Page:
4. The method as described in claim 1, further comprising: Forming a plurality of lens elements above the semiconductor wafer, wherein each lens element of the plurality of lens elements is arranged above one of the photodiodes of the image sensing array to guide light to the one of the photodiodes Body; and A plurality of filters are formed above the image sensing array, wherein each filter of the plurality of filters is formed above one of the photodiodes of the image sensor.
  5. The method of claim 1, wherein the step of defining the plurality of regions of the second group of photodiodes in the dielectric layer comprises: The plurality of regions for the second group of photodiodes are etched on the dielectric layer.
  6. A method for manufacturing an image sensing array. The image sensing array includes a first group of photodiodes to sense visible light and a second group of photodiodes to sense infrared or near-infrared light. The method includes : Forming the first group of photodiodes above the semiconductor wafer; Forming the second group of photodiodes above the semiconductor wafer includes: Forming one or a plurality of grooves for the second group of photodiodes on the semiconductor wafer; Growing a silicon germanium layer over the or the plurality of grooves for the second group of photodiodes; After growing the silicon germanium layer, a first interconnect layer is defined, wherein the first interconnect layer includes a plurality of interconnects, the plurality of interconnects are coupled to the first group of photovoltaic diodes and the second group of photovoltaic Diode Defining an integrated circuit on a semiconductor carrier wafer, the integrated circuit is used for controlling the first group of photodiodes and the second group of photodiodes; After defining the integrated circuit, a second interconnect layer is defined above the semiconductor carrier wafer, wherein the second interconnect layer includes a plurality of interconnects coupled to the integrated circuit; and Bonding the first interconnect layer and the second interconnect layer so that the first group of photodiodes and the second group of photodiodes are coupled to the integrated circuit; The first group of photodiodes is formed of a first material, the second group of photodiodes is formed of a second material, and the second material is different from the first material.
  7. The method of claim 6, wherein the step of growing the silicon germanium layer above the or the plurality of grooves for the second group of photodiodes further comprises: A selective epitaxial growth technique is used to grow the silicon germanium layer, so that the silicon germanium layer is at least partially embedded in the or the plurality of grooves.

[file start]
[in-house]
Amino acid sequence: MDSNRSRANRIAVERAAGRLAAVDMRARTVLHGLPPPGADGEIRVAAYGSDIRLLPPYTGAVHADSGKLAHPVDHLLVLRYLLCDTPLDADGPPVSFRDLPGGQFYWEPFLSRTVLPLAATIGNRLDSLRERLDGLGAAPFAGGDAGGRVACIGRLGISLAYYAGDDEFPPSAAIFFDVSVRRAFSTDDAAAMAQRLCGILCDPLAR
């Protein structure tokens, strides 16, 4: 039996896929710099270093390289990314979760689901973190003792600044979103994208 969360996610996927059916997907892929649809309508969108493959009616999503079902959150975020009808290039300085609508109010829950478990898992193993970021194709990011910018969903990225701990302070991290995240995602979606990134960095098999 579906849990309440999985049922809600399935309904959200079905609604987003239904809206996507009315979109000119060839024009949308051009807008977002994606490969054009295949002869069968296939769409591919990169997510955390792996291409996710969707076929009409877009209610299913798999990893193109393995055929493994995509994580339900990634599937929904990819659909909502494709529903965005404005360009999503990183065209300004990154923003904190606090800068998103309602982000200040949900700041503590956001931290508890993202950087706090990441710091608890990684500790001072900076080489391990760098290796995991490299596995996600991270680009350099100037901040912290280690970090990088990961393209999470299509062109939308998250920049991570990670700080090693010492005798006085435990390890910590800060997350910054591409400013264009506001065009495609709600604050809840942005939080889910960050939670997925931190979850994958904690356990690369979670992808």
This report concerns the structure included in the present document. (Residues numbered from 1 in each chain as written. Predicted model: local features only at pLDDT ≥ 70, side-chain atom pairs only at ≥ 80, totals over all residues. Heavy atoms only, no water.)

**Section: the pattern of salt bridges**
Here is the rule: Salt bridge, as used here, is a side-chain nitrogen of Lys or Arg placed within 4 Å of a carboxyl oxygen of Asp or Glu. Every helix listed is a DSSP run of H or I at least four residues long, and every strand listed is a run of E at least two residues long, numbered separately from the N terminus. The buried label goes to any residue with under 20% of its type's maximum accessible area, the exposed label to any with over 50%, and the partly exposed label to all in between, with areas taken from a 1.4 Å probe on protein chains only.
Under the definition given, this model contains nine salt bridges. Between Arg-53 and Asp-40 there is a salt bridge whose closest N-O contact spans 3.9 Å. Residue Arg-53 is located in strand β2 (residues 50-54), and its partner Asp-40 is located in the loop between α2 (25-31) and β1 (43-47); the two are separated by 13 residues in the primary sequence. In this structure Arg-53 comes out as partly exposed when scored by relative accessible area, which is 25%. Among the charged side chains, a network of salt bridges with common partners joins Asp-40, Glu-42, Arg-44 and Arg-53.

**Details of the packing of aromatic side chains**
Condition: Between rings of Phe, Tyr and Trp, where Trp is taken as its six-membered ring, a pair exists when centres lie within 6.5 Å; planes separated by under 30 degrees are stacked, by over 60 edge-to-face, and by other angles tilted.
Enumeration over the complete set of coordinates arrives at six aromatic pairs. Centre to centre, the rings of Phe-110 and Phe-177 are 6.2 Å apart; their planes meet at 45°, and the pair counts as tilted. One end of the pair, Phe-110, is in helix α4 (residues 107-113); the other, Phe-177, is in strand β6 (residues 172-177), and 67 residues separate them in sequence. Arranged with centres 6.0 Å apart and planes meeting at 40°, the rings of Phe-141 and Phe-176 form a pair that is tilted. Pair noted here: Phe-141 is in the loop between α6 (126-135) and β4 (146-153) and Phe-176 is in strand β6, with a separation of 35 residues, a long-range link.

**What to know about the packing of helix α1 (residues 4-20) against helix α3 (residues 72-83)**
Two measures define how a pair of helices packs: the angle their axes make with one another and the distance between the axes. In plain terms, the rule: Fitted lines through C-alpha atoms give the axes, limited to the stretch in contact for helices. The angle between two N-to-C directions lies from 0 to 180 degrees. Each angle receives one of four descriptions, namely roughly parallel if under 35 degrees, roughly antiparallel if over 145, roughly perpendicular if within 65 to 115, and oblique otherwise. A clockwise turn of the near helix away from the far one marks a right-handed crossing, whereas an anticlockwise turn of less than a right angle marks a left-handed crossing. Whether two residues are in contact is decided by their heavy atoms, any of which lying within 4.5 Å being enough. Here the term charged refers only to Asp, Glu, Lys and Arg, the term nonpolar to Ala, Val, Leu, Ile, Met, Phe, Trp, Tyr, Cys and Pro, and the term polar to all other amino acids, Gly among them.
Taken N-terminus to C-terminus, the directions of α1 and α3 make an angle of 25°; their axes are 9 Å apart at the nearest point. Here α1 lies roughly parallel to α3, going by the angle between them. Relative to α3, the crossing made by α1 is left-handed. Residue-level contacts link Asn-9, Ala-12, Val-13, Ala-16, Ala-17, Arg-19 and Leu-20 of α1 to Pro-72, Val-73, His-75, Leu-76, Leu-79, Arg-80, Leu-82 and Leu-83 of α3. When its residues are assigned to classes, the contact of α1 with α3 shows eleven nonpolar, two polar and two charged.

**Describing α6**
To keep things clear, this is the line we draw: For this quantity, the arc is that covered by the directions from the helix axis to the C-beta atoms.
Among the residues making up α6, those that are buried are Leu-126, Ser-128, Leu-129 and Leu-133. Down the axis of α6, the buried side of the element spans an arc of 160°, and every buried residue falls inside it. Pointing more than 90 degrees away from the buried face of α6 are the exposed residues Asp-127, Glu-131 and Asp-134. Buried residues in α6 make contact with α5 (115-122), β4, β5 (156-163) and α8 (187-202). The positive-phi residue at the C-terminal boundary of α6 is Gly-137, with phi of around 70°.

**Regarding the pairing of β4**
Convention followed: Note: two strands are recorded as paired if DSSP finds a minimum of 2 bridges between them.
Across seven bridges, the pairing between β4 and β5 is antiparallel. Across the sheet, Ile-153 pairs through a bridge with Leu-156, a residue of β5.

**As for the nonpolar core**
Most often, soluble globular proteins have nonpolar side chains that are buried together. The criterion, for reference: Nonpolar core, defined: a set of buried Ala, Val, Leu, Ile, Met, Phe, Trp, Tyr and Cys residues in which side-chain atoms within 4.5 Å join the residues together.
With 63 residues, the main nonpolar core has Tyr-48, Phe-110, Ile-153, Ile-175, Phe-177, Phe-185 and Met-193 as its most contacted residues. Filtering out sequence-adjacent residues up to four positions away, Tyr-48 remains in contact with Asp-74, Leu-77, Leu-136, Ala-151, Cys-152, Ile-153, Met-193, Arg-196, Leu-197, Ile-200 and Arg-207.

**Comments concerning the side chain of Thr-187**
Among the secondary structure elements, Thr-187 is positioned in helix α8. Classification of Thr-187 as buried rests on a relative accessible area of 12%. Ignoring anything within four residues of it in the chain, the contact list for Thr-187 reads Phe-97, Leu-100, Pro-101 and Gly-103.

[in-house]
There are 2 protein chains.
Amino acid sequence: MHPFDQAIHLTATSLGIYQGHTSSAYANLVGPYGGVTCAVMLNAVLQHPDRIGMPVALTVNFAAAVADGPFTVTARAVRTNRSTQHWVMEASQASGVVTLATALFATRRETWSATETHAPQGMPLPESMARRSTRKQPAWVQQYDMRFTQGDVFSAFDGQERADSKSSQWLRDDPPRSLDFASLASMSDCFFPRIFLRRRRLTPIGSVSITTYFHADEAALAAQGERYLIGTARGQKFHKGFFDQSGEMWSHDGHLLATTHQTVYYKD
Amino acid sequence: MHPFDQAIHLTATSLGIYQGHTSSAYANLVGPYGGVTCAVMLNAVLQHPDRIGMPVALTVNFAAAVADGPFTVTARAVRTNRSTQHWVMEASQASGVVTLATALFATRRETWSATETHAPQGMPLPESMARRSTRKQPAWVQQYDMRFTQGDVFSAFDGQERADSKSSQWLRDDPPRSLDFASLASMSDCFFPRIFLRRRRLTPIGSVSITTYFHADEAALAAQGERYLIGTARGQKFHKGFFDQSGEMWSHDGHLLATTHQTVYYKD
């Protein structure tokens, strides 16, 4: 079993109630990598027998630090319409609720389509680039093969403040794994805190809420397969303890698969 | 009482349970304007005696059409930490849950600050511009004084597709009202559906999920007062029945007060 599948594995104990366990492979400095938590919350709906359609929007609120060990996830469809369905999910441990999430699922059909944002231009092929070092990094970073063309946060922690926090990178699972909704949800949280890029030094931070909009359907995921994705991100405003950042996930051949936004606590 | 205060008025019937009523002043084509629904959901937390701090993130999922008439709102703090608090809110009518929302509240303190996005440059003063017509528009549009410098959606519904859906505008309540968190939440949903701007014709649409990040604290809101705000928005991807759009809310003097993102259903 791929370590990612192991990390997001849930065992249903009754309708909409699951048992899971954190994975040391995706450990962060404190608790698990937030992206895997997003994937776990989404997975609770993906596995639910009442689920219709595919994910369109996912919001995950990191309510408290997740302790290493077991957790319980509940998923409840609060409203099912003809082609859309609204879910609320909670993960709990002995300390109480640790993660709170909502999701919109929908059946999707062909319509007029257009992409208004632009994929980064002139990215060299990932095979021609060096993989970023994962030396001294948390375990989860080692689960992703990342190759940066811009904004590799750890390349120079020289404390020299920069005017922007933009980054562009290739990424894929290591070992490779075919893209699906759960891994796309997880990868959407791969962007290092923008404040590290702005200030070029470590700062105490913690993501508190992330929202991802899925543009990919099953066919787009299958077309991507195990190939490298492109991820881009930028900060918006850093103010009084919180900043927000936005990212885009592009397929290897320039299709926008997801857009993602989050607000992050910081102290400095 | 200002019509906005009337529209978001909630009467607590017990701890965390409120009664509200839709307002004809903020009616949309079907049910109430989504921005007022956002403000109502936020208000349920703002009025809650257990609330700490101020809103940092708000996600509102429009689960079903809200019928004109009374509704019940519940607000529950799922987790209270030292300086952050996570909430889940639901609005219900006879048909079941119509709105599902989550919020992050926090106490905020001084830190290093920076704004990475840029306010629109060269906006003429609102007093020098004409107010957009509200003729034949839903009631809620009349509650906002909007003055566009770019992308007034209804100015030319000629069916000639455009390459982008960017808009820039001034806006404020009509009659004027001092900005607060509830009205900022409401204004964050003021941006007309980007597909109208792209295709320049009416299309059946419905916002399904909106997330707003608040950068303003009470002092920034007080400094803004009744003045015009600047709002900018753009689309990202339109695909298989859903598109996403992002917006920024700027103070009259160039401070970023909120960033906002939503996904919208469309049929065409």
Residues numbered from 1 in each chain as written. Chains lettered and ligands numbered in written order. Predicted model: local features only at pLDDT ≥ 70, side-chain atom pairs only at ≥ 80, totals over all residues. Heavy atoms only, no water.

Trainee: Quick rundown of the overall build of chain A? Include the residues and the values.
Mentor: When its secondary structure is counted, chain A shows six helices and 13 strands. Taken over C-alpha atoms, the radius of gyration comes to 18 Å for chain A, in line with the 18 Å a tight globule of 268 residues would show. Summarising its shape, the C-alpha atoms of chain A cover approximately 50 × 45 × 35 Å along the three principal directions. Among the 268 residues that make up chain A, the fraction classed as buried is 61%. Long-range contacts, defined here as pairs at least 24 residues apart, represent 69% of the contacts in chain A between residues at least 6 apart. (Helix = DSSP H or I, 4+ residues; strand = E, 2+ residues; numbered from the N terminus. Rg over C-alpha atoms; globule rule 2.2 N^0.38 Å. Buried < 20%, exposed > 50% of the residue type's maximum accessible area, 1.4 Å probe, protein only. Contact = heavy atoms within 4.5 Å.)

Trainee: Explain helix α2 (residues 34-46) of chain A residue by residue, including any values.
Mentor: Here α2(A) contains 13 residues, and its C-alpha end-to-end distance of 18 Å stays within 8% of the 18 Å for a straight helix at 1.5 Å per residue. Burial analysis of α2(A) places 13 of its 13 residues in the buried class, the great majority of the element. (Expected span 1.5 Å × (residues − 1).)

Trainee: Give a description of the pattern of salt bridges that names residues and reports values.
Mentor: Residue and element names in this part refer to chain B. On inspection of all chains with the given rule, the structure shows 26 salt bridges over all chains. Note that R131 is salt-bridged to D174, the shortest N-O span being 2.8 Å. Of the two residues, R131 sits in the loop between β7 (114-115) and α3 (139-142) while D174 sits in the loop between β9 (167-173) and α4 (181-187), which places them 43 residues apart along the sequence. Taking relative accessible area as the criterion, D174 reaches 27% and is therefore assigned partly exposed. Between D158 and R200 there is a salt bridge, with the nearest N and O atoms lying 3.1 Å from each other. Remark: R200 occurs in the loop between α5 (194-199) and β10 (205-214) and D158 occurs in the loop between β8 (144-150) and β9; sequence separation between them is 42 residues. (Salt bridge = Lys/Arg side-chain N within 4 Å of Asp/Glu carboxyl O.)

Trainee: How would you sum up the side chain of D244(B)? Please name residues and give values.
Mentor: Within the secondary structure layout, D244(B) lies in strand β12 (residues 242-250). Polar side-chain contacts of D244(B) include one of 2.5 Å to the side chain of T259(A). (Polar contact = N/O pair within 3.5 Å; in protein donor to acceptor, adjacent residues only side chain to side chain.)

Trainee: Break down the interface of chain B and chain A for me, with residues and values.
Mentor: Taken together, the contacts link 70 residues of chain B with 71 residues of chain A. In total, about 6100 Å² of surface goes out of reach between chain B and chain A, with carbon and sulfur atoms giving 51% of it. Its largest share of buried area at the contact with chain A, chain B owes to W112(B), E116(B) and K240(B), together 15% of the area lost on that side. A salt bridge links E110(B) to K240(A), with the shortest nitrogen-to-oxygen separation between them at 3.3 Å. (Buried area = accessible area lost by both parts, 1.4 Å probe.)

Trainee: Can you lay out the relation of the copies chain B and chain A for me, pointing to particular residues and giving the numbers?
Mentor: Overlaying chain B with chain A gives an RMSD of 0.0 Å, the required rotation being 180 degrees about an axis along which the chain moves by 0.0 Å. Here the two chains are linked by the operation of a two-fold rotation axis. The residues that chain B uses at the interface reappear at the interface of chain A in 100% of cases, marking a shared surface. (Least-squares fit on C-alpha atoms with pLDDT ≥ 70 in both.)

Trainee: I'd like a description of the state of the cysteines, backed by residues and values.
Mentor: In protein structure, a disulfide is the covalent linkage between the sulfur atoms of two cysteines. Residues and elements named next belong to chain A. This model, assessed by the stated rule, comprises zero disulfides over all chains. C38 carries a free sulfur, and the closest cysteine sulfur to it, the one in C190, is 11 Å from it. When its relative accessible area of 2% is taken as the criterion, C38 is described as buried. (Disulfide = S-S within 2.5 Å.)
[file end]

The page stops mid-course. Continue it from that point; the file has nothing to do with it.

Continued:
8. The method of claim 7, wherein the step of growing the silicon germanium layer above the or the plurality of grooves for the second group of photodiodes further comprises: The silicon-germanium layer is polished to planarize the silicon-germanium layer so that the silicon-germanium layer is completely embedded in the or the plurality of grooves.
  9. The method of claim 6, wherein the step of forming the second group of photodiodes above the semiconductor wafer includes: Forming one or more sidewall spacers within the one or more grooves.
  10. The method of claim 9, wherein the step of forming one or more sidewall spacers in the or the plurality of grooves comprises: Depositing a dielectric layer over the semiconductor wafer; and Directional etching of the dielectric layer is performed.
  11. The method of claim 6, further comprising removing at least a portion of the semiconductor wafer using a polishing technique.
  12. The method according to claim 6, further comprising: forming a plurality of lens elements on the semiconductor wafer, wherein each lens element of the plurality of lens elements is arranged in one of the image sensing arrays. Above the polar body to direct light to one of the photodiodes.
  13. The method according to claim 6, further comprising: forming a plurality of filters above the image sensing array, wherein each filter of the plurality of filters is formed in one of the image sensors. Above a photodiode.
  14. The method according to claim 6, wherein a material composition of the semiconductor wafer is different from a material composition of the silicon germanium layer.
  15. The method according to claim 6, wherein the germanium content of the silicon germanium layer is higher than the germanium content of the semiconductor wafer.
TW108133366A 2015-08-04 2016-08-04 Method for fabricating image sensor array TWI698011B (en)

Priority Applications (16)

Application Number Priority Date Filing Date Title
US201562200652P true 2015-08-04 2015-08-04
US62/200,652 2015-08-04
US201562209349P true 2015-08-25 2015-08-25
US62/209,349 2015-08-25
US201562210946P true 2015-08-27 2015-08-27
US62/210,946 2015-08-27
US201562210991P true 2015-08-28 2015-08-28
US201562211004P true 2015-08-28 2015-08-28
US62/210,991 2015-08-28
US62/211,004 2015-08-28
US201562217031P true 2015-09-11 2015-09-11
US62/217,031 2015-09-11
US201562251691P true 2015-11-06 2015-11-06
US62/251,691 2015-11-06
US201562271386P true 2015-12-28 2015-12-28
US62/271,386 2015-12-28

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TWI698011B TWI698011B (en) 2020-07-01

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US10685994B2 (en) 2020-06-16
US10056415B2 (en) 2018-08-21
US10269838B2 (en) 2019-04-23
US20170040362A1 (en) 2017-02-09
US20180012918A1 (en) 2018-01-11
US9954016B2 (en) 2018-04-24
US20180175084A1 (en) 2018-06-21
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US10256264B2 (en) 2019-04-09
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US20180012916A1 (en) 2018-01-11
US20180012917A1 (en) 2018-01-11
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US20180269239A1 (en) 2018-09-20
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TW201727881A (en) 2017-08-01
ES2765280T3 (en) 2020-06-08